For more details about soft timer see Bluetooth Smart Software API Reference Manual. For more details about gecko_external_signal() see UG136: Silicon Labs Bluetooth C Application Developer's Guide.


Temporarily Disable EM2 Deep Sleep Mode


The Deep Sleep enable bit in the stack configuration cannot be dynamically changed. That is once Deep Sleep is enabled/disabled, it cannot be withdrawn. However, there are two ways to temporarily disable going to EM2 Deep Sleep mode: using sleep driver or using wake up pin.


With sleep driver the EM2 Deep sleep mode can be disabled (/blocked) temporarily by using SLEEP_SleepBlockBegin(sleepEM2). To Re-enable EM2 Deep Sleep mode use SLEEP_SleepBlockEnd(sleepEM2). If EM2 is disabled (/blocked), then the stack will switch between EM0 and EM1 temporarily.


To access these functions sleep.h has to be included in your source file! sleep.c is already precompiled with the stack, hence it has not to be added to the project!


Note, that multiple issuing of SLEEP_SleepBlockBegin() requires multiple issuing of SLEEP_Sleep_BlockEnd(). Every SLEEP_SleepBlockBegin() increases the corresponding counter and every SLEEP_SleepBlockEnd() decreases it.


A wake up pin can also be defined to disable EM2 Deep Sleep mode temporarily. When driving this pin high (or low, depending on configuration), going EM2 mode will be blocked within the stack. To set up a pin as wake up pin in BGScript, add the following line to hardware.xml:

<wake_up port="F" pin="6" state="up" />

To configure pin as wake up pin in C projects, follow the following configuration sample:

/* Gecko configuration parameters (see gecko_configuration.h) */ 
static const gecko_configuration_t config = {
.pti = &ptiInit,
.usarts[1]= {
.sleep.port = 5, // port F = 6,
.gpio_exti.EXTIPSELL=0x05000000, // EXTIPSEL6 = 5 = port F
/* configure wakeup pin (PF6) */
GPIO_PinModeSet(gpioPortF, 6, gpioModeInput, 0);


Temporary disabling of EM2 Deep Sleep can be useful for example when USART is used for a limited time. Deep Sleep has to be disabled in order to get the USART controller work and be able to receive messages. However, when not needed any more, Deep Sleep can be re-enabled to save energy.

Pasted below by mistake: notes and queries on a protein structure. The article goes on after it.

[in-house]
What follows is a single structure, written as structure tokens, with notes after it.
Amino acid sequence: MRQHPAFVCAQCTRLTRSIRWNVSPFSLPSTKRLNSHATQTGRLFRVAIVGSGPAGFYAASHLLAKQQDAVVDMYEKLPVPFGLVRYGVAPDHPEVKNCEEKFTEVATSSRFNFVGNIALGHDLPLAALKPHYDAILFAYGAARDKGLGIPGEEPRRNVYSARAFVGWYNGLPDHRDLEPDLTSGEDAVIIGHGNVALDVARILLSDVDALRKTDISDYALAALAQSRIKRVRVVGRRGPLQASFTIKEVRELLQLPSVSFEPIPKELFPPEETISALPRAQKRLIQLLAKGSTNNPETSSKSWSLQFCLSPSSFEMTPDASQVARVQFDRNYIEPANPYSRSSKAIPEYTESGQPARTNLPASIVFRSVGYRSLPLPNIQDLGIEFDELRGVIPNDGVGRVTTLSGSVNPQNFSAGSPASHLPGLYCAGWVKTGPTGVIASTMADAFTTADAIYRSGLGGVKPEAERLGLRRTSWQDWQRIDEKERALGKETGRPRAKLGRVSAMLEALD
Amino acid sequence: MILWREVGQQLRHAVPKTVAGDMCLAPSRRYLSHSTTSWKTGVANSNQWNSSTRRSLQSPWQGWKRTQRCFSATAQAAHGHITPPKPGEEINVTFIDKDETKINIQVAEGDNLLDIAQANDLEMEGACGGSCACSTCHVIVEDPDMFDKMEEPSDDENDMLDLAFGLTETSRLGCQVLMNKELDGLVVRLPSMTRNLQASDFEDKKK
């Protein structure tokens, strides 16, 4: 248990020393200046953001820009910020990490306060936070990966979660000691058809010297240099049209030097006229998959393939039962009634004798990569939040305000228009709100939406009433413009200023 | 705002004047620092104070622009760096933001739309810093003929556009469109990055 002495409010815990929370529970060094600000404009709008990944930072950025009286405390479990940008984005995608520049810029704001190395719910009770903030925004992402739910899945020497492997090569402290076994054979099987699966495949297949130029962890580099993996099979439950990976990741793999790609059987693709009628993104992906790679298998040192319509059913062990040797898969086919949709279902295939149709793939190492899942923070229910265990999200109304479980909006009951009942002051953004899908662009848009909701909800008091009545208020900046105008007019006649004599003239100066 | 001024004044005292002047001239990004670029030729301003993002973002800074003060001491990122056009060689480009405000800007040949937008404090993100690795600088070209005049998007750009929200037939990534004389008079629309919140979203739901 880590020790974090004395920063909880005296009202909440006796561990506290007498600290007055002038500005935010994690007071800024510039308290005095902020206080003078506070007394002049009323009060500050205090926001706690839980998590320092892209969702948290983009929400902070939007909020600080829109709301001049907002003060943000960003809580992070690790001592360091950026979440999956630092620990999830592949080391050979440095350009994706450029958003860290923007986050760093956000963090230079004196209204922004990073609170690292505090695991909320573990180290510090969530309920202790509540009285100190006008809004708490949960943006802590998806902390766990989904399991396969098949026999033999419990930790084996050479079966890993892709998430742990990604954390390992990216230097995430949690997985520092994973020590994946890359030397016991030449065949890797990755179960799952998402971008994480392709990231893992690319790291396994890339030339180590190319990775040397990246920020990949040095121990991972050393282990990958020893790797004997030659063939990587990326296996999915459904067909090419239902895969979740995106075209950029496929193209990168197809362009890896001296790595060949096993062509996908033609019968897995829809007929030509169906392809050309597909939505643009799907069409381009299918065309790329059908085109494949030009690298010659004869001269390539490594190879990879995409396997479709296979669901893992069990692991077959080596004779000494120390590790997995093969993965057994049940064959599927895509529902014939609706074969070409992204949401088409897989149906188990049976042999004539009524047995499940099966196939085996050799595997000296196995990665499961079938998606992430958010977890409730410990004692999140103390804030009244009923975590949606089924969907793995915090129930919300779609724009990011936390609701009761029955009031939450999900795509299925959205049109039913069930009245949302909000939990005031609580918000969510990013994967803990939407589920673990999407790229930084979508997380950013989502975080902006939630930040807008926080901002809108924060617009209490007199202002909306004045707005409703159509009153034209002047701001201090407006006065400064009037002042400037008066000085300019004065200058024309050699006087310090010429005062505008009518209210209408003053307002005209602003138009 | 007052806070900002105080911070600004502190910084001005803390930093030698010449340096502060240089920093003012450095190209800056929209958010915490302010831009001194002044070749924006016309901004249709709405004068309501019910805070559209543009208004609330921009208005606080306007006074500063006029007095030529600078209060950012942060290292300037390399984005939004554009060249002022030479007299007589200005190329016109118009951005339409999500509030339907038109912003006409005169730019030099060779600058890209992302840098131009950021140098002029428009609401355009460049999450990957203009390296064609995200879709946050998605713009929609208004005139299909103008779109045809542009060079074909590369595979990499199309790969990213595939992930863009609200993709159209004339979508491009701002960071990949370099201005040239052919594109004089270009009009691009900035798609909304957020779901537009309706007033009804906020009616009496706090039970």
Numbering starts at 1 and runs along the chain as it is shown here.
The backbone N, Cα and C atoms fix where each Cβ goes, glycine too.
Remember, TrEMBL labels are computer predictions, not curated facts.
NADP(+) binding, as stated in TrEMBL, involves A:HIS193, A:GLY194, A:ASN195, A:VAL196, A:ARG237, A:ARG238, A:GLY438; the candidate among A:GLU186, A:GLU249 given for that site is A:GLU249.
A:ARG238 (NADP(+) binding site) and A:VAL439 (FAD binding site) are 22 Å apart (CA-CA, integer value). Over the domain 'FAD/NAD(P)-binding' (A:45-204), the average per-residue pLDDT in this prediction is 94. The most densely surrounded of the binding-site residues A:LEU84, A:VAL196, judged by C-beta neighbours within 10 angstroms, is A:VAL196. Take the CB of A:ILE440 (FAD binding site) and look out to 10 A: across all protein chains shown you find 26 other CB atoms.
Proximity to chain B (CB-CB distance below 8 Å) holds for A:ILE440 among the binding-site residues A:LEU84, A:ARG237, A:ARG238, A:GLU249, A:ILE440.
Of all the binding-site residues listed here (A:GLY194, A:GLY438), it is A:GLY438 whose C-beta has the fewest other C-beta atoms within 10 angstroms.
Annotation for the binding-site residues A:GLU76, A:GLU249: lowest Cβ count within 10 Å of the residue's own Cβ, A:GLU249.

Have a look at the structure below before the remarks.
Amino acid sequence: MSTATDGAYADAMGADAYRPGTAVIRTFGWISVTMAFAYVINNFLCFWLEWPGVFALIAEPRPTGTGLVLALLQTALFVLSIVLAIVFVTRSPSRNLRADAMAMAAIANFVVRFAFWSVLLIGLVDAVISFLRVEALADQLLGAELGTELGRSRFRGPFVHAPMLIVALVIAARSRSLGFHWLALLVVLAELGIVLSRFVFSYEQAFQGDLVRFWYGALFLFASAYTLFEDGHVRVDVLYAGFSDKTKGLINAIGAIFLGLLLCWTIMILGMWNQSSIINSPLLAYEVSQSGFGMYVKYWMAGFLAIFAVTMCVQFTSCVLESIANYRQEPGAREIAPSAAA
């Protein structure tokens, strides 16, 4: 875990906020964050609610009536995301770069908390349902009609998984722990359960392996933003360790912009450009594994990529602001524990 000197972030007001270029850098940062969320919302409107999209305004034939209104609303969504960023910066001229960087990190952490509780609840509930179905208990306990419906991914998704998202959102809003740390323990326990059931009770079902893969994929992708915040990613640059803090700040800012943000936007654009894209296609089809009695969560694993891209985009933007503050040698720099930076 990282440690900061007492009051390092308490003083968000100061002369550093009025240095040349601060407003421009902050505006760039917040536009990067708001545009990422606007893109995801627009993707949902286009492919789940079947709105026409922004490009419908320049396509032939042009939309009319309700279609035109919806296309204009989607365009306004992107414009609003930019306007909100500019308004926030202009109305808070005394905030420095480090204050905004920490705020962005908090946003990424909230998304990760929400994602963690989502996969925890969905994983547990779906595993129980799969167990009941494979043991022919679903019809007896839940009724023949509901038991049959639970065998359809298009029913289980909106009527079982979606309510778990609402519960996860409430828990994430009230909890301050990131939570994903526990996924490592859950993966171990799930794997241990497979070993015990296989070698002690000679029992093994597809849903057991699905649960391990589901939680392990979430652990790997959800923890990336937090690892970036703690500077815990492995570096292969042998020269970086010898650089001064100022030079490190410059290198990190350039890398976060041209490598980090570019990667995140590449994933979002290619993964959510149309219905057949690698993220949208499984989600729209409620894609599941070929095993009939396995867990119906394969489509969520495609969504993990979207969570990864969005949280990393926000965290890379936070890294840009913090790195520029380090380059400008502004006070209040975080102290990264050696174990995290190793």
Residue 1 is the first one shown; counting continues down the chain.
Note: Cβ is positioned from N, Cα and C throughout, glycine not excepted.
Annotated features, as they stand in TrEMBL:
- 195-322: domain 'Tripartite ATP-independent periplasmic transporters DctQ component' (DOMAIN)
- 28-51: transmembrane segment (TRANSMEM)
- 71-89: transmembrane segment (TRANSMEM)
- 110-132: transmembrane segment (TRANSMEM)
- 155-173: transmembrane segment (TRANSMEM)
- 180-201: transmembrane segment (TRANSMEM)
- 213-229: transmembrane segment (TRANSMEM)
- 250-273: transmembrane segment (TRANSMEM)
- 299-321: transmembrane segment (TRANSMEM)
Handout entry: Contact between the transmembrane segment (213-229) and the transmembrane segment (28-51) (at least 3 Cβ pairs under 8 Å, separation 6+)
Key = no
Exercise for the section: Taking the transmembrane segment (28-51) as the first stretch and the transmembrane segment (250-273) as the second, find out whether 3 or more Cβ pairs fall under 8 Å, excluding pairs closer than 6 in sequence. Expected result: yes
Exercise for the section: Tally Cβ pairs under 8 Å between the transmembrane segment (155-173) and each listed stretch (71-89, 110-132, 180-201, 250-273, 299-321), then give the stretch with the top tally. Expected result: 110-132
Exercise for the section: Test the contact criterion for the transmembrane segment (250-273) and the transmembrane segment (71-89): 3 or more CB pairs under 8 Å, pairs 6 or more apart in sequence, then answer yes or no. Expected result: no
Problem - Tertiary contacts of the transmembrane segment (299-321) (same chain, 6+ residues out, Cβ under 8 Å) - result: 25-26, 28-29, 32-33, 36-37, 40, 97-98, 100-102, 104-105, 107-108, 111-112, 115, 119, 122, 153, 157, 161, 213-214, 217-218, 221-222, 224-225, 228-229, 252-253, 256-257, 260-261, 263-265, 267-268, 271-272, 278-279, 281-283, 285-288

Putting Device into EM3 Stop Mode


The Bluetooth stack does not work in EM3 Stop mode. However, if there are no connections alive, and no advertisement/scanning is needed for a while, the device can be put into EM3 stop mode to save energy.


Since EM3 mode is blocked by default, this can be done by calling SLEEP_SleepBlockEnd(sleepEM3). The next call of SLEEP_Sleep() in the stack will put the device into EM3 mode, or application can call SLEEP_Sleep() directly. The device can be woken up by any interrupt. Call SLEEP_SleepBlockBegin(sleepEM3) within the interrupt handler to let the stack work again normally.


Note, however, that while EM2 Deep Sleep mode means a huge energy saving compared to EM1 Sleep mode, in EM3 Stop mode the current consumption drops only with some tenth of microamperes compared to EM2 Deep Sleep mode. See EFR32BG1 Blue Gecko Bluetooth Smart SoC Family Data Sheet.


Putting Device into EM4 Hibernate / EM4 Shutoff Mode


If the application does not need any operation for a while, the device can be put into EM4 mode, the lowest possible energy mode. In this mode nearly everything is shut down, and the current consumption is some hundred nanoamperes. However, to wake up the device from this state a reset is needed. That is no data is retained from the previous state, and the stack is reinitialized!

There are 2 types of EM4 mode: EM4 Hibernate and EM4 Shutoff. The most important difference is that RTCC can run in EM4 Hibernate mode, while it cannot run in EM4 Shutoff mode. Also, there is a 128 byte RAM retention possibility in EM4 Hibernate mode. To switch between EM Hibernate and EM4 shutoff use the following initialization:

  EMU_EM4Init_TypeDef init_EM4 = EMU_EM4INIT_DEFAULT;
  init_EM4.em4State = emuEM4Hibernate;   OR  init_EM4.em4State = emuEM4Shutoff;
 EMU_EM4Init( &init_EM4 );

For detailed description about EM4 initialization see:

To put the device into EM4 mode use the function SLEEP_ForceSleepInEM4().


Be aware, that if the device goes EM4 very soon after reset, it may be hard to get attached to the target using debugger, and you can easily lock yourself out. If you got locked out, start Simplicity Commander (C:\SiliconLabs\SimplicityStudio\v4\developer\adapter_packs\commander\commander.exe), connect to the Adapter, select Flash tab, and click "Unlock debug access".


Running RTCC in EM4 Hibernate mode


In EM4 Hibernate mode RTCC can run continuously.

If RTCC is running from LFXO add the following to the EM4 initialization: int_EM4.retainLfxo = 1;

If RTCC is running from LFRCO add the following to the EM4 initialization: int_EM4.retainLfrco = 1;

If RTCC is running from ULFRCO add the following to the EM4 initialization: int_EM4.retainUlfrco = 1;

To avoid the reset of the RTCC timer upon wake up from EM4 set the reset mode to LIMITED:



Wake up from EM4 Hibernate / EM4 Shutoff mode


The device can wake up from EM4 mode on

  • Driving low the reset pin
  • State change of some dedicated pins
  • Cryotimer interrupt

Pins dedicated for EM4 wake up are listed in EFR32BG1 Blue Gecko Bluetooth Smart SoC Family Data Sheet. To enable EM4 wake up on these pins use the following template:

  GPIO_PinModeSet(gpioPortF, 7, gpioModeInputPullFilter, 1);

Cryotimer can also be used to wake up the device. E.g. if you want to wake up the device 4 seconds after putting into EM4 mode, use the following initialization:

  cryoInit.enable = false;
  cryoInit.em4Wakeup = true;